“Le Premiere Dive Bar”
When it’s 2-3am and the spirit of drunkenness past comes calling, there’s only one place to go in this part of the city: the Old Town Ale House, also known as the “Olde Towne Ale House.” Cheap beers, sawdust, portraiture of the regulars through the years, a library of pulp fiction, and the occasional B-list celebrity can be found within the ramshackle environs of the Ale House, as if it were a Chicago version of McSorley’s Old Ale House in New York City. Make no mistake, the Old Town Ale House is a self-proclaimed dive, and one that you will keep returning to despite protests from your liver. Just remember: in the words of my friend Bob, “The liver is evil and must be punished.”
The Old Town Ale House, not to be confused with recent newcomer Old Town Pub found nearby on Wells, can be found at the southeast corner of North and Wieland, at the base of a nicely appointed red-brick four-flat. The present location is actually the second for this venerable institution, the first having opened in 1958 by Ed Van Gelder in a building, “which housed Michael Wolf’s Zum Munchener Kindl at the turn of the century and the late Art Stoffel’s ‘men only’ bar during and after prohibition,” according to Will Leonard (excerpt from “Shelley’s in Line for Citations for His Sallies” in the Chicago Tribune on November 30, 1958). The original caught on fire on February 9, 1971, at which point the bar and remaining furniture was shuffled across the street to 219 W. North Avenue in a “temporary” move that has lasted until today. Perhaps indicating that the move was less than temporary, in addition to the 36 years that have passed, is that the Old Town Ale House exterior was recently remodeled. The clapboard façade, showbill font, shingled west awning, and paned glass with yellow trim that gave the Old Town Ale House its signature dive-ish saloon feel has been replaced with a nicely wood-paneled forest green façade with matching awning.
“Proprietress Beatrice Klug describes her place, the Ale House, this way: ‘We are the oldest saloon in Old Town, established in 1958, and we have ambience unique for the Old Town area; it is often described as piquant.'”– Dennis McCarthy, The Great Chicago Bar and Saloon Guide (1985)
Despite the window dressing, regulars will be happy to note that nothing has been remodeled inside. The same battered wooden bar, matching the floor except for the tiled area up front, runs the length of the western wall below a tin ceiling of indistinguishable color. Behind the bar is such track-lit fandango as a stuffed bear playing a trumpet, a Maltese Falcon, giant wooden gorilla head, Japanese mask, photographs of former owners Arthur and Beatrice Klug, lewd paintings, and portraits of Old Town Ale House regulars from the early 70’s up until the present day. In his Cezanne-like French Impressionistic style, fellow regular Bruce Elliott is responsible for this artwork—over 125 portraits in all—the rest of which can be found hanging throughout the room.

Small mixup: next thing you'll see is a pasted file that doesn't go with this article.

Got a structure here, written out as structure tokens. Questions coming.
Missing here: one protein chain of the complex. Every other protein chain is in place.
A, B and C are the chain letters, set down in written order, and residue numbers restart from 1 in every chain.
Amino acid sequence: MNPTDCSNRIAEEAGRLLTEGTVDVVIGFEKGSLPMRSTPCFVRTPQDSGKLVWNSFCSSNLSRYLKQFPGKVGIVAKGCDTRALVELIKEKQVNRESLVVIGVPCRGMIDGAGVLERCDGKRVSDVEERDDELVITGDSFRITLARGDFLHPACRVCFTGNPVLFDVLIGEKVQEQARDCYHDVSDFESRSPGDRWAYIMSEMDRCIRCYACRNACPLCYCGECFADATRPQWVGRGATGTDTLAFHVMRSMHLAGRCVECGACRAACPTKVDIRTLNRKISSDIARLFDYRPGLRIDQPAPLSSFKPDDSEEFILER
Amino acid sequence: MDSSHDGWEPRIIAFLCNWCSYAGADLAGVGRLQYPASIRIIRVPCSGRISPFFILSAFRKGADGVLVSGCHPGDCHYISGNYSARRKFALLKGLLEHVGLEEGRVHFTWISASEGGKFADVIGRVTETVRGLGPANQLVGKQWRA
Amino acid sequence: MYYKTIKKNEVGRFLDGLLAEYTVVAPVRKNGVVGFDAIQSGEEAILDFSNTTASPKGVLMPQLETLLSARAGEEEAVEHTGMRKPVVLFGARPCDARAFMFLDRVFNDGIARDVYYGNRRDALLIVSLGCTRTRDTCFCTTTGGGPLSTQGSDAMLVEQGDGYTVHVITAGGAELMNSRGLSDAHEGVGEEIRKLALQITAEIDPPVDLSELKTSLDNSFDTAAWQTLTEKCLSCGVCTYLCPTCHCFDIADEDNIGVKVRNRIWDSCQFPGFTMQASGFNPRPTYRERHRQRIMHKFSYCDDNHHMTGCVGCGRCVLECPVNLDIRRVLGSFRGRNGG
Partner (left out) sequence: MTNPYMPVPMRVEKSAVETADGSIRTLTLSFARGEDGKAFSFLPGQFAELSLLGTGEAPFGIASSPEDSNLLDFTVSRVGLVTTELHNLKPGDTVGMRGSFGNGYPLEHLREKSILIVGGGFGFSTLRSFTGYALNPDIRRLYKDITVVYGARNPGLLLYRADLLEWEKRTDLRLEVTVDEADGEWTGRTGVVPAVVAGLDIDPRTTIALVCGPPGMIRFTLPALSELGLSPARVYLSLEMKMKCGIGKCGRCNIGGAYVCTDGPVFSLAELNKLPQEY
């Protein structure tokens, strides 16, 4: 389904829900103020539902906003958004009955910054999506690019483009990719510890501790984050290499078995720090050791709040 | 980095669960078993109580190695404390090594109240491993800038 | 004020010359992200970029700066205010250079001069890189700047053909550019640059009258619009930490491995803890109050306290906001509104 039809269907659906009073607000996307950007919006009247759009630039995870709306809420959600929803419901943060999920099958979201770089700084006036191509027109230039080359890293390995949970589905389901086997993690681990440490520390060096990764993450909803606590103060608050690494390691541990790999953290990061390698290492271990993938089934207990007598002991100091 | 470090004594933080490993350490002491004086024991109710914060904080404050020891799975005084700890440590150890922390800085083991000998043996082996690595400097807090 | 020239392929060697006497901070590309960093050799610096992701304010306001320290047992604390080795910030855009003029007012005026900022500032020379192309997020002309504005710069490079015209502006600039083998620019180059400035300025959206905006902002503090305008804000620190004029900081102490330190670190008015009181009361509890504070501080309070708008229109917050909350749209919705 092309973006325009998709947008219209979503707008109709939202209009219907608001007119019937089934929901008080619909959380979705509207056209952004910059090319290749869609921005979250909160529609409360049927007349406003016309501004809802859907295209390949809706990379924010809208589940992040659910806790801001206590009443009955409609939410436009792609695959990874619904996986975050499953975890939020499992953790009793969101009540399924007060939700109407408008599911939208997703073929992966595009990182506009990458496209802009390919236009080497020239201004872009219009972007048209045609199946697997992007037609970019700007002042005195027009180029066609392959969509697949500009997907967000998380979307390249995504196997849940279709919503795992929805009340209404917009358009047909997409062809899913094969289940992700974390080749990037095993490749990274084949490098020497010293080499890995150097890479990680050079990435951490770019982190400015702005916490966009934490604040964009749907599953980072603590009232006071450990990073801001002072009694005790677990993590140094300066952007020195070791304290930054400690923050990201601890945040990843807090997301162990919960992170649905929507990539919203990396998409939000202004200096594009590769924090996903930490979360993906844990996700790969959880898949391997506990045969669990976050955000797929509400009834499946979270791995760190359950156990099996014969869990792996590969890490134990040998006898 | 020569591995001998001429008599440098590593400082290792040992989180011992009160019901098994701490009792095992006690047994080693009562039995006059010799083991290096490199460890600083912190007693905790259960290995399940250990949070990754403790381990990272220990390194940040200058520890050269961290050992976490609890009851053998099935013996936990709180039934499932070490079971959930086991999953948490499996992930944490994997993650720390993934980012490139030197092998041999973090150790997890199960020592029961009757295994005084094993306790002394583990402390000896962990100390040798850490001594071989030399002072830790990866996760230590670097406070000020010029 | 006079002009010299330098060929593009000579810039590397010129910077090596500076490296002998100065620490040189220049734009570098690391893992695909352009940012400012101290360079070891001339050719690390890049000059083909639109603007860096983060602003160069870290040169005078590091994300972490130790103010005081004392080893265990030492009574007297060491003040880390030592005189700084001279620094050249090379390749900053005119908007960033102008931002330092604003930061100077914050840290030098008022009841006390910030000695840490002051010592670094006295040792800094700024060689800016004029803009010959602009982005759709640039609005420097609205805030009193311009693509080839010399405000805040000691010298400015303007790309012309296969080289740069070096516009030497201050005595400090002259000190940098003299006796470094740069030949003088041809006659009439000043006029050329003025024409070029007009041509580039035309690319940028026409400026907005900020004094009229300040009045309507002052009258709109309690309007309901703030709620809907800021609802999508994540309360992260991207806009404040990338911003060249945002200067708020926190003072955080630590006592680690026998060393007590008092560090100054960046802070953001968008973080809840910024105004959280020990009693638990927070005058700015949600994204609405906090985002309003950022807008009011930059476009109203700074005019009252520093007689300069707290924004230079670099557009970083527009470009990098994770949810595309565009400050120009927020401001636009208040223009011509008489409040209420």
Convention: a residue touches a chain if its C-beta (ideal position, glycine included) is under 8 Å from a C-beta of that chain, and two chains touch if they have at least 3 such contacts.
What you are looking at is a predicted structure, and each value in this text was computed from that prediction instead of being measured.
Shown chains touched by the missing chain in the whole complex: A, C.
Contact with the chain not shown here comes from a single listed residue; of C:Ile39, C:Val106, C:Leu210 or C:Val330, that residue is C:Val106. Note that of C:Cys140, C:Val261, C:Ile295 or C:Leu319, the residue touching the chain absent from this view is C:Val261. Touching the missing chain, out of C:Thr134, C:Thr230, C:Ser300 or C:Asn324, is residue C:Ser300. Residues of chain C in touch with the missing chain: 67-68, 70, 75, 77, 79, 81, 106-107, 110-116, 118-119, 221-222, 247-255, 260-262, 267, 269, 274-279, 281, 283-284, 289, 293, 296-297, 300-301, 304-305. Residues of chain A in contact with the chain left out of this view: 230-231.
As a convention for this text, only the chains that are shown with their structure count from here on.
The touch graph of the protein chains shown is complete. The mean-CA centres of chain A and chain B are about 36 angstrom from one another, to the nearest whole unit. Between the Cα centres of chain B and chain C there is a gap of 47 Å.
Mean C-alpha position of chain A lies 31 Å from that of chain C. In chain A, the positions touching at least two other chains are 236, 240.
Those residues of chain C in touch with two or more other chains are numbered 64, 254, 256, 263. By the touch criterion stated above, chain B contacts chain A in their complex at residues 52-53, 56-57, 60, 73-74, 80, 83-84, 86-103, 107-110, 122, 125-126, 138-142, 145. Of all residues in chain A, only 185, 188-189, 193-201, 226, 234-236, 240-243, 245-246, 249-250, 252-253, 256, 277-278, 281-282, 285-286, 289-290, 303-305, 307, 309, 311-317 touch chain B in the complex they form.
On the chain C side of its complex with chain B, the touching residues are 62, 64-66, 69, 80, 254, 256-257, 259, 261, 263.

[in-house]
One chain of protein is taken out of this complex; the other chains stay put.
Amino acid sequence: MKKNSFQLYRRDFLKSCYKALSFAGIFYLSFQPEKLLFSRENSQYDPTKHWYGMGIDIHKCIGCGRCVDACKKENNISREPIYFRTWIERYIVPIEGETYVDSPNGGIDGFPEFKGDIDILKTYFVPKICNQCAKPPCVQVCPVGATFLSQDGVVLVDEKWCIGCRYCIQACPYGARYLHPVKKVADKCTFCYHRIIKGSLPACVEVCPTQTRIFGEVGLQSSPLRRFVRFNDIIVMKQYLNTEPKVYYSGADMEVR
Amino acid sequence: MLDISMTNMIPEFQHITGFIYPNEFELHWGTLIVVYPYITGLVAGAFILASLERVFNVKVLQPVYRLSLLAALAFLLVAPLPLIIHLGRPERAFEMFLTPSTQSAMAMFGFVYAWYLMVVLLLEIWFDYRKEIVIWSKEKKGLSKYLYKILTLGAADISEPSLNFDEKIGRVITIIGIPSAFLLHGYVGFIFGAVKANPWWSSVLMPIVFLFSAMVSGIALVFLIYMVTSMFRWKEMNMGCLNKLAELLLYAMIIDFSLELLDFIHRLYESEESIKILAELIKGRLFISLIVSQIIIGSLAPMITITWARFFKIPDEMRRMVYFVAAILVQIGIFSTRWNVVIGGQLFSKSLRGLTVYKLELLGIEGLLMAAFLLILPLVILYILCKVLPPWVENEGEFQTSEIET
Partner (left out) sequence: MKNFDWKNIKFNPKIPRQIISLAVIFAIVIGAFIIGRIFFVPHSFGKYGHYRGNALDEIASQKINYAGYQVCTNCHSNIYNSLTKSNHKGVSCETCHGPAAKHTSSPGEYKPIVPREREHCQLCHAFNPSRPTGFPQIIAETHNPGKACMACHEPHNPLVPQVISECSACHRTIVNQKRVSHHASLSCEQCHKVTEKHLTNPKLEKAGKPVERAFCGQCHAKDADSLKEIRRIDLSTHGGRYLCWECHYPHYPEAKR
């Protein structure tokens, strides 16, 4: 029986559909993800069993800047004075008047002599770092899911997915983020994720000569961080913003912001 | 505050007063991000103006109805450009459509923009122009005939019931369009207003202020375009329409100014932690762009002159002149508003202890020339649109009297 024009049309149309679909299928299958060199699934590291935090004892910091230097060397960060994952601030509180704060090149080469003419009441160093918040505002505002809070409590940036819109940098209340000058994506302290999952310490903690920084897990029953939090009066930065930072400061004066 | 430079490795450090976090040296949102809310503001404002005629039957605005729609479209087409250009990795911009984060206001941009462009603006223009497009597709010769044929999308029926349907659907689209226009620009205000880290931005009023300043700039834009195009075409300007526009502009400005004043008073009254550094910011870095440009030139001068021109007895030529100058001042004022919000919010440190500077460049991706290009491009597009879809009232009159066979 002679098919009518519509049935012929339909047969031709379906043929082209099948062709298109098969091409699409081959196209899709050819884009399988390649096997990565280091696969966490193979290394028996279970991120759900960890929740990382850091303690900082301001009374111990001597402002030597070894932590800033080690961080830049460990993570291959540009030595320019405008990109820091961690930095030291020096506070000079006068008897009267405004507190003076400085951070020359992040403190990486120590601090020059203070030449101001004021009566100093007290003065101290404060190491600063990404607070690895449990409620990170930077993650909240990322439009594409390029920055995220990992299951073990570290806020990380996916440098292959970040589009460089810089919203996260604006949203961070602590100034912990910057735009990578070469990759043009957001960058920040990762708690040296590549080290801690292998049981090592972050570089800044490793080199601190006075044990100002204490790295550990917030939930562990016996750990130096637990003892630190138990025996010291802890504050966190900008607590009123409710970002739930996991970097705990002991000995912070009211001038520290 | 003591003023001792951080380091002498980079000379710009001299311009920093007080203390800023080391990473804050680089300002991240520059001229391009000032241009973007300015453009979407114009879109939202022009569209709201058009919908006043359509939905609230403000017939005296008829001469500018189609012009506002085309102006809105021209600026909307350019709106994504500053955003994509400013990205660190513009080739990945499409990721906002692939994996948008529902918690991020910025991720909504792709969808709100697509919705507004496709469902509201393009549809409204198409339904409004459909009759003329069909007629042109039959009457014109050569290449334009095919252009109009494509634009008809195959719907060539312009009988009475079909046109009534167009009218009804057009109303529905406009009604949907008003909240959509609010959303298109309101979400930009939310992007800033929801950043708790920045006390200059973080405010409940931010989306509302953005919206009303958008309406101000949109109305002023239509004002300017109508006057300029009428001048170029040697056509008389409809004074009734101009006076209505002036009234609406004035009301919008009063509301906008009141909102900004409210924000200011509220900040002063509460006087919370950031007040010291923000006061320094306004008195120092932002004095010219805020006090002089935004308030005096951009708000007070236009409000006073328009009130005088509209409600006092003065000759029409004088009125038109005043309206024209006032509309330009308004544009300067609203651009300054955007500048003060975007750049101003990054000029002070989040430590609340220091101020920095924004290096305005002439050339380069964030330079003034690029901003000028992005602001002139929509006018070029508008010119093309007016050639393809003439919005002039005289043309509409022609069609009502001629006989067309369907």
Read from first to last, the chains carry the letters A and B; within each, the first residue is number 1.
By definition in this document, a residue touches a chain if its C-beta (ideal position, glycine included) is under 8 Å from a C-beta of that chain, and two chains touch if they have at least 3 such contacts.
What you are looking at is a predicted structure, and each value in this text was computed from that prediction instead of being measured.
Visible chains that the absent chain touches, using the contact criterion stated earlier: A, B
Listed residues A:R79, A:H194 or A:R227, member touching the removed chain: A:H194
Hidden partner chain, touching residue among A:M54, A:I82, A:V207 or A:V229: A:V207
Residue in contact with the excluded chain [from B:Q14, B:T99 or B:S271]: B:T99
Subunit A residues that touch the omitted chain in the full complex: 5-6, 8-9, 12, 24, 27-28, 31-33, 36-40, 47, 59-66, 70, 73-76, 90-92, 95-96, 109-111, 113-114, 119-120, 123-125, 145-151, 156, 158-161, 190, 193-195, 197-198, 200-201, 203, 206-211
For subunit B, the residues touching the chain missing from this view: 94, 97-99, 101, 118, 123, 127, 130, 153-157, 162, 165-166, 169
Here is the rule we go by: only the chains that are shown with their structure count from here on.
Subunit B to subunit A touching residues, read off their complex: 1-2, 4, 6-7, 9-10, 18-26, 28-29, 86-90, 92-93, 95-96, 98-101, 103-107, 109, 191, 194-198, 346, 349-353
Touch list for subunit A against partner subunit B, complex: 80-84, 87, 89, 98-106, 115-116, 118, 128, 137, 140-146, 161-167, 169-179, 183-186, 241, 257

Correction: Bruce Elliott is no longer a regular. He now owns the pub along with his wife Tobin Mitchell. Beatrice Klug ran the place with her one-time-husband-turned-business-partner, Arthur Klug. One year before Beatrice Klug passed, she bequeathed the place to Tobin, who took care of the books for the Old Town Ale House, just prior to succumbing to cancer in August 2005 (Arthur passed earlier that year). Beatrice’s only condition for the transaction: change nothing… Tobin did remove the cigarette machine, but the “no blender, no credit cards” policy remains staunchly applied. Another thing that’s sure not to change is that they don’t serve food at the Old Town Ale House – just a few bags of potato chips, Milkbones for the occasional canine patron, and plenty of ale both on tap and in bottles. Martini and Scotch drinkers need not apply.
“‘His portraits do not generally flatter. Full of crags, creases, lines, and bags, his faces are studies in the physical effects of spending large portions of one’s life in bars. Sometimes a subject will take offense when he hangs a new picture. Elliott describes a newspaper reporter who waited for years to see his likeness displayed. ‘The minute it went up, he said if we didn’t take it down he’d bring in his gun and shoot it,’ he says. (Elliott took it down.) Another unhappy patron tore Elliott’s portrait of him from its moorings, threw it on the ground, and jumped up and down on it. ‘The picture survived,’ Elliott says. ‘He was barred for a while, though. It takes me four or five days minimum to do one, so if you do that it doesn’t make me happy.'”– excerpt from, “How a suburban school administrator and a retired golf hustler inherited a Chicago institution” by Scott Eden (Chicago Reader, November 10, 2006)
If you can’t grab a high-backed stool at the bar, grab a seat in one of the alcoves on either side of the front door or in the slightly elevated seating area opposite the bar called the ”Old Town Ale House Book Sharing Library.” This section of the bar features a smattering of tables and bookshelves filled with lend-one/take-one, “semi-best sellers, forgotten titles and true-crime pulp,” according to Barfly’s Guide to Chicago’s Drinking Establishments (2000). Near the front of the bar, you’ll find the “Curiosity Shop” that features a large bulletin board of various notices. Elsewhere, a large mural of Old Town regulars, painted by Maureen Munson in 1972 and stained brown from all the cigarette smoke through the years, hangs beneath portraits of the more famous regulars (including Nelson Algren, Mike Royko and Roger Ebert) upon a wood paneled wall that matches the ceiling, from which individual bulb lights hang from rusted chains. Less famous regulars who have passed can be found honored on the northwest corner’s “Dead Wall,” which is kitty corner from “Crazy Bitch Wall,” above the pinball machine. A disturbingly large head of papier-mâché, found on the back wall and originally from a defunct establishment called Figaro’s, rounds out the décor.